Wine Characteristics: Basic Elements of Flavor

Many elements contribute to the flavors bound in a bottle of wine. The seemingly infinite combinations of aspects such as fruit, terroir, and vinification methods provide the winemaker with free rein to convey these influences and concoct their artisanal masterpieces. To best appreciate what makes each wine unique and enjoyable, one must look beyond the big picture and distinguish, if not analyze, these elements and nuances.

Here are some fundamentals that contribute to the taste of wine:


Body is the overall impression of how a wine tastes and feels. Numerous factors contribute to body: grape varietal, vintage, terroir, alcohol content, and so on. Higher alcohol usually means a fuller wine, as does how long its legs – drops that fall down the inside of the glass – travel, and the duration taste lingers in the mouth.


A tingling sensation on the tongue and palate are indicative of acidic wines, which are zesty and tangy. Sourness equals acidity, ergo; a wine that makes your mouth pucker is an acidic wine. A highly acidic wine can still be palatable, of course, especially when contextualized with how dry or sweet it is – sweetness can lessen the intensity of acidity in foods and in wine while dryness emphasizes it.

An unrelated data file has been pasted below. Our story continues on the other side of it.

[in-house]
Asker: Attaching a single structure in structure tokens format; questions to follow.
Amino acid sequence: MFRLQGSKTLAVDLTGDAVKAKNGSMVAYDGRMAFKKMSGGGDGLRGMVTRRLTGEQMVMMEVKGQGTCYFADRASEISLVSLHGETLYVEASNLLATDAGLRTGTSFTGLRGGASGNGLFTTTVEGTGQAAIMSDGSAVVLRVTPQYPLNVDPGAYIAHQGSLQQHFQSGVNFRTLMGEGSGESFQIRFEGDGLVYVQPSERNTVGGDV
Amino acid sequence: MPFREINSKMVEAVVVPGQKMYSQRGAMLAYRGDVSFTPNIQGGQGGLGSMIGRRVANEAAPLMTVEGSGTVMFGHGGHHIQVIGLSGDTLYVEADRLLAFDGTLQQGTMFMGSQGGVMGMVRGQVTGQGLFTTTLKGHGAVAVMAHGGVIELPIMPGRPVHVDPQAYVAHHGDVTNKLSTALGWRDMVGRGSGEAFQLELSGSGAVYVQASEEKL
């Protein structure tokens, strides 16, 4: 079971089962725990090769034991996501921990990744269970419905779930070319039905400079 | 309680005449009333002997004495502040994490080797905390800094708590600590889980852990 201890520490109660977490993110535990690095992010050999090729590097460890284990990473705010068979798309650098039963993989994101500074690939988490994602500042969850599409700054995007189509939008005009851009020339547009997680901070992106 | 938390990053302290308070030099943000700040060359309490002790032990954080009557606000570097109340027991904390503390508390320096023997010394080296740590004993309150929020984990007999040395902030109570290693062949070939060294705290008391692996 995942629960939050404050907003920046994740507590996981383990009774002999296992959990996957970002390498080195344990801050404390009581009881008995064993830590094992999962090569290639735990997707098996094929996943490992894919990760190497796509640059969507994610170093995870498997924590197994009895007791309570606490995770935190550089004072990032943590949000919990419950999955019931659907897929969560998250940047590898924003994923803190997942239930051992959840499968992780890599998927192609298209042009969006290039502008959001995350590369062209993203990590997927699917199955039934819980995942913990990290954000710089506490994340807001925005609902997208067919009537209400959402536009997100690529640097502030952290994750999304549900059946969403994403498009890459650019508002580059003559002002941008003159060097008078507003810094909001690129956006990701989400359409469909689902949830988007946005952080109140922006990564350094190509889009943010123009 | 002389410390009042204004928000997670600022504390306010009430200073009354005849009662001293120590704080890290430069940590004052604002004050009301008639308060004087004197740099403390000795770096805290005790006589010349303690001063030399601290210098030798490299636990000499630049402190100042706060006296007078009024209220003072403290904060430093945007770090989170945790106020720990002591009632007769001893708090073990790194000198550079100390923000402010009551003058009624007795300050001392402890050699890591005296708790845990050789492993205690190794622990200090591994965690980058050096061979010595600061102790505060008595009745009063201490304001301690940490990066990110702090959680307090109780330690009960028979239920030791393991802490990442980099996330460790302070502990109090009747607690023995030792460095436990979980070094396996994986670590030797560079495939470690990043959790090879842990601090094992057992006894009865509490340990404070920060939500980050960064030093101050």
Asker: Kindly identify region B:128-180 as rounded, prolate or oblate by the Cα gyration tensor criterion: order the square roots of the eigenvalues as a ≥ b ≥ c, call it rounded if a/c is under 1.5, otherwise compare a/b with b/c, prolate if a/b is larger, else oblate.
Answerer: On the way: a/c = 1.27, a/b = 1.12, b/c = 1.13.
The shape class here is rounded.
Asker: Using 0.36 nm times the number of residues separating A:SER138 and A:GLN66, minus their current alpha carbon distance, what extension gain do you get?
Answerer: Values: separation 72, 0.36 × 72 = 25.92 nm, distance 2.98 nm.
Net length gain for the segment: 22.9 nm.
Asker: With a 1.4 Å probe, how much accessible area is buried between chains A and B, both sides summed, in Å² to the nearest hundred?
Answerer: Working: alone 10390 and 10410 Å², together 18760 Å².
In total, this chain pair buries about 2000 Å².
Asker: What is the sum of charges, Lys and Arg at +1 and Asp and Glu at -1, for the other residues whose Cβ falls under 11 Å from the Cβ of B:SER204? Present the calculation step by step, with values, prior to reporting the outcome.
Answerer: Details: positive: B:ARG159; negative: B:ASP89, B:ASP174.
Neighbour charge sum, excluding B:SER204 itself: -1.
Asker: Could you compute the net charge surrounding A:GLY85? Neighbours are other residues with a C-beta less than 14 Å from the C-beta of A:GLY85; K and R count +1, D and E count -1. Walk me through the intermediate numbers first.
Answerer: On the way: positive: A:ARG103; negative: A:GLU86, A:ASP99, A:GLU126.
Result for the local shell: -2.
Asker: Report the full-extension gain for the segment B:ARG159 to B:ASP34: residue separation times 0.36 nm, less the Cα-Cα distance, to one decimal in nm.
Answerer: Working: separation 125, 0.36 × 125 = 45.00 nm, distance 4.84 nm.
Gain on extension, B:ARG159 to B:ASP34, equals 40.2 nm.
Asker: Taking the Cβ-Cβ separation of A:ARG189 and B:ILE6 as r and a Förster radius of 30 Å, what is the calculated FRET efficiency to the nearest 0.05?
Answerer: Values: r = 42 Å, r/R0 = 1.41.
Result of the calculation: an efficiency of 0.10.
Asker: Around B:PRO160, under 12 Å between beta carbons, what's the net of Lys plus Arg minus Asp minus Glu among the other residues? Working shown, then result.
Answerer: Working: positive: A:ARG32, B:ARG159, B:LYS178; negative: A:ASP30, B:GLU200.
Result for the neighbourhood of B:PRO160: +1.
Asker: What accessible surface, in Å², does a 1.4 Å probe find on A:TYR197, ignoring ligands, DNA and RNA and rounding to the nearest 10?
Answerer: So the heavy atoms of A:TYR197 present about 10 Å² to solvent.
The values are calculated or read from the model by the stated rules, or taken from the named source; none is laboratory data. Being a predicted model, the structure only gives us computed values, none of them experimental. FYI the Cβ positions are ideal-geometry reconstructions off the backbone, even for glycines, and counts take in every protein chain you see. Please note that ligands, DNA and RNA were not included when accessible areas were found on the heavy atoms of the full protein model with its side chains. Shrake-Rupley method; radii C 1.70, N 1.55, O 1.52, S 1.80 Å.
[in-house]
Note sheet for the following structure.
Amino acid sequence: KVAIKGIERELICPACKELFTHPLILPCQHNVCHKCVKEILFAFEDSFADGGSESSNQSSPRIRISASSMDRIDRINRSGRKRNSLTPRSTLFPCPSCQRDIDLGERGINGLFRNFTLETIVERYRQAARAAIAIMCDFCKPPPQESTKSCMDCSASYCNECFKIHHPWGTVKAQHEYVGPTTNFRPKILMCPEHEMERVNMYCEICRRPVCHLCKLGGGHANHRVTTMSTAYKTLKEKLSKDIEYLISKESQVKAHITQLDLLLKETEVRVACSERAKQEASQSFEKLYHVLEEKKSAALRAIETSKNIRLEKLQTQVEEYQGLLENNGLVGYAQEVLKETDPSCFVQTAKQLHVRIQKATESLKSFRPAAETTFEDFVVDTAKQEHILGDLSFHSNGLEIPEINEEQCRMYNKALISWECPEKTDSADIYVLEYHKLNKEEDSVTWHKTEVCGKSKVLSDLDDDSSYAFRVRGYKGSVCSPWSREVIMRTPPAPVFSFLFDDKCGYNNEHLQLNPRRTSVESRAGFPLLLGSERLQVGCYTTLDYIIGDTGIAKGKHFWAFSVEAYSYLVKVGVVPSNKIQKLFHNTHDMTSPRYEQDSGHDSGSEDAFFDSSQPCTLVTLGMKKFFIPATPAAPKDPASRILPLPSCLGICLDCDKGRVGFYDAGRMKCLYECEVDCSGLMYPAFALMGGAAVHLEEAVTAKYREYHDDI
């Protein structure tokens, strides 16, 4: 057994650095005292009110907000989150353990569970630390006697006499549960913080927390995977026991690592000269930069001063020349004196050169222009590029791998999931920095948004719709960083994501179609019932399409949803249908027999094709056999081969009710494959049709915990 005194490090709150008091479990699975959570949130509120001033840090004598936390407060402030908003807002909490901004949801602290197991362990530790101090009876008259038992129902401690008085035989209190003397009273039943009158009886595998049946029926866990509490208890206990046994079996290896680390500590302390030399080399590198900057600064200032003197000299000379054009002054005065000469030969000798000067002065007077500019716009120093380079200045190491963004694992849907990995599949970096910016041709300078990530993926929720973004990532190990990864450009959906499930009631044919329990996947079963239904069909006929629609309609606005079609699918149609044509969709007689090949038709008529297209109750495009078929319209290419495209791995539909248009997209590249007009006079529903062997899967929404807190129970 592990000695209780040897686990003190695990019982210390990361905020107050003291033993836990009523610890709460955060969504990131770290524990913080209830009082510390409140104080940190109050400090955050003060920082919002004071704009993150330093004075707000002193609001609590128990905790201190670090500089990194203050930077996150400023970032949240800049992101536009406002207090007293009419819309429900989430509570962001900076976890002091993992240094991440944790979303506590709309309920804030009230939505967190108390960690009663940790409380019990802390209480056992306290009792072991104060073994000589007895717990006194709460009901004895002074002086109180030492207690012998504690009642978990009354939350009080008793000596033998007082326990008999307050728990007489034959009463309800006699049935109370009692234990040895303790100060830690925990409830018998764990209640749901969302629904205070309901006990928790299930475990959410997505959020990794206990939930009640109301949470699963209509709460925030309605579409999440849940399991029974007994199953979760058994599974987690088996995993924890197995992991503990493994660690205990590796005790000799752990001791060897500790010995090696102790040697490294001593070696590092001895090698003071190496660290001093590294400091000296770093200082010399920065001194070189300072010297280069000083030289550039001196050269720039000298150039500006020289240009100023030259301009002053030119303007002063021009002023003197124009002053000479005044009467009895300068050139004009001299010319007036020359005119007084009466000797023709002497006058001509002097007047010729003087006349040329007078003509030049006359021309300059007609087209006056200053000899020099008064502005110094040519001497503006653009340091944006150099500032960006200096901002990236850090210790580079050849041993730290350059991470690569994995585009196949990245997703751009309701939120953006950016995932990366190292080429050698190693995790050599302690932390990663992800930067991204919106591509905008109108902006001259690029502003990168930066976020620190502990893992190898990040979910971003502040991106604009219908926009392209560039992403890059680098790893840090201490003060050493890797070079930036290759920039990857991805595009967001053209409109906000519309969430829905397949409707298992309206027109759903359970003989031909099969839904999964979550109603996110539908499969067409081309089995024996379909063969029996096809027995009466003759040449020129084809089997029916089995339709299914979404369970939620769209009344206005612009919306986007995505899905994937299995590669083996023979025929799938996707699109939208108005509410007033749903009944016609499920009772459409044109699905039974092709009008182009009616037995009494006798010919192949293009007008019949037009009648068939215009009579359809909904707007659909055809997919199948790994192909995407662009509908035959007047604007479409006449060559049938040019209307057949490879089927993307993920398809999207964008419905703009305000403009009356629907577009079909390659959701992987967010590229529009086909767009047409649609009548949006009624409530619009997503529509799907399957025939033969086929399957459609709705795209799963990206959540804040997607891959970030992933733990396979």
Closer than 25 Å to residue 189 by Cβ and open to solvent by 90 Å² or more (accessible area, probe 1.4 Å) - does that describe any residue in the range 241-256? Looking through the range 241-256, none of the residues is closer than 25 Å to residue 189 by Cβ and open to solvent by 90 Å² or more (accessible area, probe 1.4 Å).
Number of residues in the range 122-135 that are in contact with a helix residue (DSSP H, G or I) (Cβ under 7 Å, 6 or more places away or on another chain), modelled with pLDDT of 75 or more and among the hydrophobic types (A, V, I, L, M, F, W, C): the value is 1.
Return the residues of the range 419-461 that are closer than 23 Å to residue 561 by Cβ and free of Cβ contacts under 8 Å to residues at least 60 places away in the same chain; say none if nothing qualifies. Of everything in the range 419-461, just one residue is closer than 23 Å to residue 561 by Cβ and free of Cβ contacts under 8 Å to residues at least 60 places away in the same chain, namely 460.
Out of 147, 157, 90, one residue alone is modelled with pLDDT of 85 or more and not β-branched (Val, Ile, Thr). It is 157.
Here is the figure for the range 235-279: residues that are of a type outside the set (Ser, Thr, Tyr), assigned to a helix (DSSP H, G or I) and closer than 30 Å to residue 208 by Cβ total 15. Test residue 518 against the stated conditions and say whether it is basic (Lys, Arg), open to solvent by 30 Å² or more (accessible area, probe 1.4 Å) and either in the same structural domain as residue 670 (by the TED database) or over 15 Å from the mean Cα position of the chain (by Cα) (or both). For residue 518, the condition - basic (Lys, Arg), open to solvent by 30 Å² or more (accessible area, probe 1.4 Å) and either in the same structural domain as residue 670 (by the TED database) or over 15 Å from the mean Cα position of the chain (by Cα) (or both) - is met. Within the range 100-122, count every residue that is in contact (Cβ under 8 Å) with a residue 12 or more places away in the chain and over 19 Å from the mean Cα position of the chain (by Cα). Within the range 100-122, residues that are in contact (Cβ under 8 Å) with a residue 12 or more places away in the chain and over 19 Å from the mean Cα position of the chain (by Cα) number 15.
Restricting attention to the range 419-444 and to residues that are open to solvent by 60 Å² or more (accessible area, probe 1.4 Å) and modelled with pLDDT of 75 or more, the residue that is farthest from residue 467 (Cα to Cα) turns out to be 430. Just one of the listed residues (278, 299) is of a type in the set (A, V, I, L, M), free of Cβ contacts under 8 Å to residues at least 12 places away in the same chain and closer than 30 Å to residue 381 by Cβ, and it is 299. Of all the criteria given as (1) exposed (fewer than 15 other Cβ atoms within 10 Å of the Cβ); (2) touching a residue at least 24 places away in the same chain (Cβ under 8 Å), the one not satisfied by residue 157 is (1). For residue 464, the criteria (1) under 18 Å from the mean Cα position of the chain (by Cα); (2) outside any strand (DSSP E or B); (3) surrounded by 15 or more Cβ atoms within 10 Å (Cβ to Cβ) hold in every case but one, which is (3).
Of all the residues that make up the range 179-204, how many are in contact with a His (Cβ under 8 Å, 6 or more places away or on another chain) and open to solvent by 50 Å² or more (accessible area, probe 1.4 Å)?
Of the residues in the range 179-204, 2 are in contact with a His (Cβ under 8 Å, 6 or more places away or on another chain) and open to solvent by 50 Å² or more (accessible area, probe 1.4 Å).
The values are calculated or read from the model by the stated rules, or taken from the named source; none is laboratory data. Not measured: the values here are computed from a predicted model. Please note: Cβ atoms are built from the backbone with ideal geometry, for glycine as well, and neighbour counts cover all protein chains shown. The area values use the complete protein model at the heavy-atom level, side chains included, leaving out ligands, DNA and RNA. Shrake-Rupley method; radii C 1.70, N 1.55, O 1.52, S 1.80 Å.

Sweet wine is usually thicker and leggier. A somewhat oily sensation also stays on the tongue with sweet wines. Dry is the opposite of sweet – little in the way of residual sugar remains in the wine due to lengthier fermentation. Keep in mind that a “dry” white wine doesn’t connote what it does to your mouth – a wine with a lot of alcohol and strong tannins may dry out the mouth but neither high alcohol or tannic content are always a given when it comes to dry wine.


Tannins indicate the presence of compounds, which come from grapeskin and seed, that dry the mouth and add bitterness to a wine.  Tannic wines are bitter on the sides of the tongue and front of the mouth, drying out the mouth after swallowing and leaving a lingering bitter aftertaste.


The overall fruit flavor of a wine is often a factor in choice of wine. Red wines can exhibit a flavor profile of blackfruits such as blueberry and raspberry, while white wines may have citrus and orchardfruit notes like lemons and apricot. Bringing a wine’s fruit flavors to the forefront are floral, herbaceous, and mineral accent notes.

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